tion for young men and young women
to line up their defense and advance
ment; and their prayer to you is that
you rightly choose, so that in the de
termining of values you give the assent
of your will and the allegiance of
your life to the very highest thing
God places before you.
And then, secondly, will you remem
ber that all the good in the world to
day is the result of right choice, de
termination and decision In regard to
values? Now sometimes the soul chooses
with -a wonderful deliberateneSs. And
the good and the bad watch while that
slow determination is being matured.
And a hundred things out of the past
may come into that decision. And a
hundred anticipations from out the fu
ture may enter into that choice. And
slowly so slowly one might imagine
destiny becoming impatient is the
choice made, and the decision rendered.
But sometimes, swiftly as the light
ning, does the soul make the life-determining
decision. And in a moment
the whole course of the career is In
fallibly and eternally settled. And
therefore, I bid you this morning, for !
your own soul s sake, bear in mind
how all the good of life is the result
a right choice in view of that apprecia
tion. And here I recall a text of Scripture
that tells how Moses despised the
treasures of Egypt, for allegiance to
the God of Israel. Young man, where
are the treasures of Egypt tonight? In
1314 where are they? But Moses! Be
cause he lived, our Jewish friends built
that synagogue across the street.. Be
cause he lived, Judaism became the
foundation upon which , God erected
Christianity. And because of bis choice
of loyalty to God, rather than tne pos
session of Egypt's treasures, up in
heaven today they sing the song of
"Moses, the servant of God, and or tne
Lamb." The other day I heard a child
singing this very simple little verse: -Do
not fear to tread the fiery furnace.
Nor shrink the Uon's den to share.
For the God of Daniel will deliver.
He will send his angels there.
Wherevdid that verse come from
Why. once three Hebrew young men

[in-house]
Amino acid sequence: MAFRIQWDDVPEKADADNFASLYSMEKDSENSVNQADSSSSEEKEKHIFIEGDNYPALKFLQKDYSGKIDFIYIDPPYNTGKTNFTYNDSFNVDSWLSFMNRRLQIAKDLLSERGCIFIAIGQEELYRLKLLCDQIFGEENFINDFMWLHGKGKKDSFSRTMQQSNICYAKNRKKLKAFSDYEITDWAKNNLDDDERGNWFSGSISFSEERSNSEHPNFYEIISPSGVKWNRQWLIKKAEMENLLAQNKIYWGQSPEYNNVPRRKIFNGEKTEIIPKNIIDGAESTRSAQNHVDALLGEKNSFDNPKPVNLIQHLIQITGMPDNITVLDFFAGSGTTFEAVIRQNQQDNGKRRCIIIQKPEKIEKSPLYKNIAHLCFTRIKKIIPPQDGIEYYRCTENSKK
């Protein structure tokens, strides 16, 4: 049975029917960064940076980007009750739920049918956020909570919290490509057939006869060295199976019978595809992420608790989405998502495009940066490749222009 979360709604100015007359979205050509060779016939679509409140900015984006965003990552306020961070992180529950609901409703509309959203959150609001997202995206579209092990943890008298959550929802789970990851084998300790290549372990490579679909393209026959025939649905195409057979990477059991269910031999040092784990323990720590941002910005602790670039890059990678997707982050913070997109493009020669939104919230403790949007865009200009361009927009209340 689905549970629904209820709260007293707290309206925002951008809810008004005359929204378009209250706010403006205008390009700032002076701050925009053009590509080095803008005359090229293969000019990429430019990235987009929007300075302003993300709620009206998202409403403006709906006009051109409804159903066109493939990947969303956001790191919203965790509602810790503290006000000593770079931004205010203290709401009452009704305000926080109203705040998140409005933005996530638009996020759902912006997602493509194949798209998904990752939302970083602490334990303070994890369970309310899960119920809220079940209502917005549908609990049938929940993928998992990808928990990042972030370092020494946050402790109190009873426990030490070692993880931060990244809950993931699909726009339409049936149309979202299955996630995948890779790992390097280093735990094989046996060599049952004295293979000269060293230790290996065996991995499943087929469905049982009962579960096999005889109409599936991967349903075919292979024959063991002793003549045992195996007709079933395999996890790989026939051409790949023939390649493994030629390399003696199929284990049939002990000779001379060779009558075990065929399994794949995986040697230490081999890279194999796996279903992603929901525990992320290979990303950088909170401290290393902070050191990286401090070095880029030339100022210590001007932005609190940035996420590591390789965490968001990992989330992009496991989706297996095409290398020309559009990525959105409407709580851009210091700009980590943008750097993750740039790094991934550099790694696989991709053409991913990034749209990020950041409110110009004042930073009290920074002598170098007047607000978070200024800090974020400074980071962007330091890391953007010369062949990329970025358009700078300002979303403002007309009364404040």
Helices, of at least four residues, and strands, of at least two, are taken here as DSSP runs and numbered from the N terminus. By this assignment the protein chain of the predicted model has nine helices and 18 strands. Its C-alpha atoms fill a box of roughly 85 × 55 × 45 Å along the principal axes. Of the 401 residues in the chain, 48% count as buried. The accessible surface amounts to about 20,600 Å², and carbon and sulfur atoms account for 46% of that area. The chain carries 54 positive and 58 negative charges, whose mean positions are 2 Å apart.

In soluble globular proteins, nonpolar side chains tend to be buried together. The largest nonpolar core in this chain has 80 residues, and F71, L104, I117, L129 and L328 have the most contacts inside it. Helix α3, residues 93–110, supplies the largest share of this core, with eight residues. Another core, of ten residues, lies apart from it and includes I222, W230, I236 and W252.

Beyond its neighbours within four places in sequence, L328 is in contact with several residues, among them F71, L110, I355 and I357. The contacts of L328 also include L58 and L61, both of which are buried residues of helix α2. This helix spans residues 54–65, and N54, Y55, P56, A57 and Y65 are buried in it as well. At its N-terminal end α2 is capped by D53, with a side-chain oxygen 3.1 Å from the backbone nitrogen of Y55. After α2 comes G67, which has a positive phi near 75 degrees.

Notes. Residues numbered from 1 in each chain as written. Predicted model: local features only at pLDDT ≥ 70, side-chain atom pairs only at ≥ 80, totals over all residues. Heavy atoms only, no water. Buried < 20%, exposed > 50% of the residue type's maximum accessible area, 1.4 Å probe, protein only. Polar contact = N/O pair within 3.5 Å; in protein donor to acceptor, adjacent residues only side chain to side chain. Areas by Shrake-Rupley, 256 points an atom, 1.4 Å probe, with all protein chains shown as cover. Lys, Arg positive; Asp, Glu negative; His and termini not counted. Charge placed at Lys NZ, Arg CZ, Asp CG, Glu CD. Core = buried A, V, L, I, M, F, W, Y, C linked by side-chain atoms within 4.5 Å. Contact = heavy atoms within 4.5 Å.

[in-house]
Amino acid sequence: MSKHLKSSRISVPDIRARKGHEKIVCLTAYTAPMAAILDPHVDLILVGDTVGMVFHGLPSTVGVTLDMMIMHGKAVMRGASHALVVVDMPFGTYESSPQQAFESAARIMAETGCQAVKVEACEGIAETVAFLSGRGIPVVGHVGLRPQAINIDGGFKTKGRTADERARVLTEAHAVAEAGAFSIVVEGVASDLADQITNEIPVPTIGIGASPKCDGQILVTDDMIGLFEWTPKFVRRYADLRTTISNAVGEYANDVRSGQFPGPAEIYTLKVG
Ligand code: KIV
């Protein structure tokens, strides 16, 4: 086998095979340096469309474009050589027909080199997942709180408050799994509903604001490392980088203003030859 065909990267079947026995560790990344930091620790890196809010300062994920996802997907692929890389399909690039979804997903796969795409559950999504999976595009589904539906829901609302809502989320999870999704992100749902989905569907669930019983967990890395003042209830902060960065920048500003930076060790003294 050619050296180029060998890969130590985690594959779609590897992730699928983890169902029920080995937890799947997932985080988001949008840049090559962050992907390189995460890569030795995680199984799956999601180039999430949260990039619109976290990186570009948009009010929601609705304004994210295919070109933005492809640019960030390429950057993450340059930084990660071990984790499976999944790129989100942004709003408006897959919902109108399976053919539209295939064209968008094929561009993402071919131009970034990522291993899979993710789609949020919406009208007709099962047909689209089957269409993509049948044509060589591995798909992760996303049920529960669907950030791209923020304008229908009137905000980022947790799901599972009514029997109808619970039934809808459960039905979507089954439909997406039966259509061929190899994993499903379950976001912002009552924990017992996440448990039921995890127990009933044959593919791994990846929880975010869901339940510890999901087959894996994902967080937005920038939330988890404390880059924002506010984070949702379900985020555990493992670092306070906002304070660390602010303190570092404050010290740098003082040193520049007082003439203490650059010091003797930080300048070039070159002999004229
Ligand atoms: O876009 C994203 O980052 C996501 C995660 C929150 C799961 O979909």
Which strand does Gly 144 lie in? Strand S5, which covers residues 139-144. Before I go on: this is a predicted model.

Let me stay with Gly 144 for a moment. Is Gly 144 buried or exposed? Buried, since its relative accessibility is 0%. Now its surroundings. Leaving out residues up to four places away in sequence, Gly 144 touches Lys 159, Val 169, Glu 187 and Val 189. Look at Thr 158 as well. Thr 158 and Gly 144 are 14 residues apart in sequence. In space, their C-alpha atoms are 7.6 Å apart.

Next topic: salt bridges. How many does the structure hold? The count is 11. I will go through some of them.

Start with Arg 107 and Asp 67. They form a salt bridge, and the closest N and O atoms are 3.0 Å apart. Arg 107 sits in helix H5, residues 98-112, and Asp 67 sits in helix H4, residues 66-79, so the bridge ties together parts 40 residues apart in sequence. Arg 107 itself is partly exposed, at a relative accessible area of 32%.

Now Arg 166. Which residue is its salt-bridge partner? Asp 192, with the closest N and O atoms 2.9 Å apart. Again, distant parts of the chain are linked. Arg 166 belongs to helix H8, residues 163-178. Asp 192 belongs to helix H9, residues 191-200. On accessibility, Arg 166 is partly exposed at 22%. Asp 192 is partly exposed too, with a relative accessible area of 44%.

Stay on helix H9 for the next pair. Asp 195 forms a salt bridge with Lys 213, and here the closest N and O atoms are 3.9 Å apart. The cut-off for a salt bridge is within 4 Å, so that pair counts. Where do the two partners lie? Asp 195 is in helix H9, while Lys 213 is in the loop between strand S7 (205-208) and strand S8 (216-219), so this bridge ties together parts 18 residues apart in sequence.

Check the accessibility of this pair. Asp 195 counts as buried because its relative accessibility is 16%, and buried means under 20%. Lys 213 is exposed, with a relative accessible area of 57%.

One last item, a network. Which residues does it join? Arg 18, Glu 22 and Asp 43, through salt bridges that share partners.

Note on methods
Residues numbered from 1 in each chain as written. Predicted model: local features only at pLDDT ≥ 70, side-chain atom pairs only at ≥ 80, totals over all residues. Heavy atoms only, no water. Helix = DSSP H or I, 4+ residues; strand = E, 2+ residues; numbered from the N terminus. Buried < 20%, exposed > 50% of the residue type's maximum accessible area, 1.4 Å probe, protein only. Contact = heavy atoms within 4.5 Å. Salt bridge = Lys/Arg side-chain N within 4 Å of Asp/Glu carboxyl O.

stood before a King, who said: v or
ship that image of gold or be thrown
into the burning, nery rurnace. j-.hu
they looked at a life made ignoble by
th worshiDof gold, would tnat ail
American young men could learn the
lennii. And they looked at a lire sac
rifinod in obedience to the God of
heaven. And they rightly estimated the
value of each. And so they correctly
chose. And to Daniel, the other char
acter mentioned in the verse, the King
said: "Pray no more to the wia ot
Abraham. Isaac and Jacob, or enter the
lions' den." And Daniel looked si
life prolonged through cowardice God-
ward. And then ne looaea at tne an
clause of the ages, and at the com
mendation of Jehovah, and he rightly
determined. and made the -Wise choice,
and therefore that child, thousands of
years afterward, -was telling us not to
fear the fiery turnace, nor uni me
lions' den to share.
Joseph's Decision Recalled.
" There is no story in the Old Testa
ment American youth needs more to
study than that of Joseph. Yet all the
career of Joseph is pivoted on one nine
five minutes in his life, when in the
house of his master the wife of his
master to him made a black and
hellish suggestion. And Joseph looked
at values and said: "God forbids ine
to do this." And the reason Joseph
had the most wonderful funeral of all
history far exceeding that of .Moses,